Does anyone else get the shakes with Salbutamol? I only have mild asthma so don't have to use Salbutamol that often and it doesn't happen every time (trying to figure out the trigger factors) but I can get the shakes for about 10 minutes after taking it and it can put me off taking it when I do need to if I'm in public. I mentioned it to an Asthma nurse years ago and she didn't seem concerned about it, but I hate it as I feel really self conscious (already feeling that because I can't breathe and am wheezing) and it makes me feel meh afterwards.
Wierd side effect of Salbutamol - Asthma UK communi...
I shake like I'm really cold for between 10 and 15 minutes - but not every time. Seems more likely to happen if I'm unwell generally, or stressed. Just never come across anyone else this happens to and feeling like a bit of a freak. It also upsets OH if he's around because he knows there is nothing he can do to help and I tend to get upset when I get the shakes.
Just hearing that I'm not the only one makes me feel a little more normal.
Sounds like your shakes are more than most. There probably is a reason. I looked up one idea from the Department of Internal Medicine - The University of Rome. There are other ideas.
"The exact mechanism for tremor induction by β(2)-adrenergic agonists is still unknown, but there is some evidence that β(2)-adrenergic agonists act directly on muscle...………. More recently, tremor has been correlated closely with hypokalaemia. A possible diverse impact of different modes of administration of β(2)-adrenergic agonists on tremorogenic responses has been suggested but solid evidence is still lacking. In any case, the desensitization of β(2)-adrenoceptors that occurs during the first few days of regular use of a β(2)-adrenergic agonist accounts for the commonly observed resolution of tremor after the first few doses. Therefore, tremor is not a really important adverse effect in patients under regular treatment with a β(2)-adrenergic agonist."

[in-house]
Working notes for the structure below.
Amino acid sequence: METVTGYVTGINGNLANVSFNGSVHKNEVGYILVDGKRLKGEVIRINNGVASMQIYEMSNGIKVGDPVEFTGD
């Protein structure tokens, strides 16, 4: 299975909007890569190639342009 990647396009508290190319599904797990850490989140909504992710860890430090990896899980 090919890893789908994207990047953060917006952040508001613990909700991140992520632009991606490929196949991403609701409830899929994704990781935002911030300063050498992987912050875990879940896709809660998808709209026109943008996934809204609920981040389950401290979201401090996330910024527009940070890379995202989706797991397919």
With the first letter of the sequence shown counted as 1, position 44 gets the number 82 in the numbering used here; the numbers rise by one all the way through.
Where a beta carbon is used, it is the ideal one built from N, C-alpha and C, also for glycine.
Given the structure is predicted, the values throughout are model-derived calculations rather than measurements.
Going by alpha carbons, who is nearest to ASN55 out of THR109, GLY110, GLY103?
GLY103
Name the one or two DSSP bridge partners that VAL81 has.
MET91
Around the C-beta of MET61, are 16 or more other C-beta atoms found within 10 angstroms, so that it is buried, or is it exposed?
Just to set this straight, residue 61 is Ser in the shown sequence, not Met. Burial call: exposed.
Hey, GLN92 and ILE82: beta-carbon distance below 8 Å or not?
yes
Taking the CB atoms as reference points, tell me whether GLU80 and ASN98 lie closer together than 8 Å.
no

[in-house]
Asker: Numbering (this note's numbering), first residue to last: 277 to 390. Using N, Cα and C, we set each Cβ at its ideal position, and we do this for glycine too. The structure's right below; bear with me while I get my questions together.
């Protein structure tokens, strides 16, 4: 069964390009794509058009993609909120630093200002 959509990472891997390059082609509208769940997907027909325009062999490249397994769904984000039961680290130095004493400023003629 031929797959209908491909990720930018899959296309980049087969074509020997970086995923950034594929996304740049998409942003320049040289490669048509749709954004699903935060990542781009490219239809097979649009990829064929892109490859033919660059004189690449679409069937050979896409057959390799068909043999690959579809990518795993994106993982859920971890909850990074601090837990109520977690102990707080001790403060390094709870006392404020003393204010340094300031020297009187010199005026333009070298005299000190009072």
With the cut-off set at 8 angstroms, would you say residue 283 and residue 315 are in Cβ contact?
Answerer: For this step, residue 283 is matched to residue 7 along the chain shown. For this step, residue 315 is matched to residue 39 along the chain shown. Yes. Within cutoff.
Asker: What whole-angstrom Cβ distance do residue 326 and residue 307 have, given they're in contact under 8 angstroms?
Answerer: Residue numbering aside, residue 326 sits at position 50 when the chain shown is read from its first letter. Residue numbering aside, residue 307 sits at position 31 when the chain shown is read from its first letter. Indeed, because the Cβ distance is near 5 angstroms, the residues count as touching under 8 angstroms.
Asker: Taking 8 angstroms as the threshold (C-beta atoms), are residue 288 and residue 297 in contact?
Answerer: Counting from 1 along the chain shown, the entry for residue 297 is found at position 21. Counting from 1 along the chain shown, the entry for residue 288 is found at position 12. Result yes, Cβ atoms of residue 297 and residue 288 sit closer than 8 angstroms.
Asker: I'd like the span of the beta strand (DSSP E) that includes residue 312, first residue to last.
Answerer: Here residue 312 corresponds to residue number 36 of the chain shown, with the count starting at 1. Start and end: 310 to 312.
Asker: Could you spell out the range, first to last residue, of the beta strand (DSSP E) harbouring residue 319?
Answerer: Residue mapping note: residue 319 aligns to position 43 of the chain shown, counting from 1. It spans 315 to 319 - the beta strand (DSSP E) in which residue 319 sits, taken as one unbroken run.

Even these people don't know the reason. However if it is Hypokalaemia (low potassium levels) maybe get your blood levels of potassium checked. It's recommended for asthmatics to get these levels checked every now and then anyway as salbutamol (Ventolin) can lower the levels of potassium in your system.
You may be a good candidate for research (joke) as you react strongly to the salbutamol.
It's probably worth looking into as you will eventually find out the cause or else it may naturally go away as your body gets used to the drug.
I can get shaky hands/forearms if I need to use it more than usual.
I had two really bad episodes a week apart in summer where my breathing just closed down, and we needed to get some way of allowing some air in.
I must have had 9 somewhat haphazard doses of Ventolin through a mask spacer each time, and was shaking in A&E for some hours after.
I have often seen the effect from a Salbutamol [Ventolin] nebuliser [I worked in ICU for more than 25 years, saw very many of people with acute exacerbations of their asthma often extremely 'brittle'] - shakes + feeling very cold, even with an anxiety response tied into it: it seemed related to the biochemical action of the drug, lowering the amount of potassium, sometimes dramatically if multiple nebuliser doses, and then other effects creep in. Potassium is a difficult substance in that it is easy to go the other way and have too much, so be careful and work with your Consultant on this - another and better tolerated route to look at is a Magnesium supplement - more of a universal 'calming' action in all kinds of different ways, and with the benefit of a very broad tolerance range - I cannot advise further than that you take this up with your advisers, of course, not knowing your situation - but my experience lies in using it for many [and often critical] conditions with great success.
Rest assured, your symptoms are not unexpected or special to you, certainly treatable - and indeed balancing your Magnesium levels has the potential for helping your asthma too! - Best Wishes -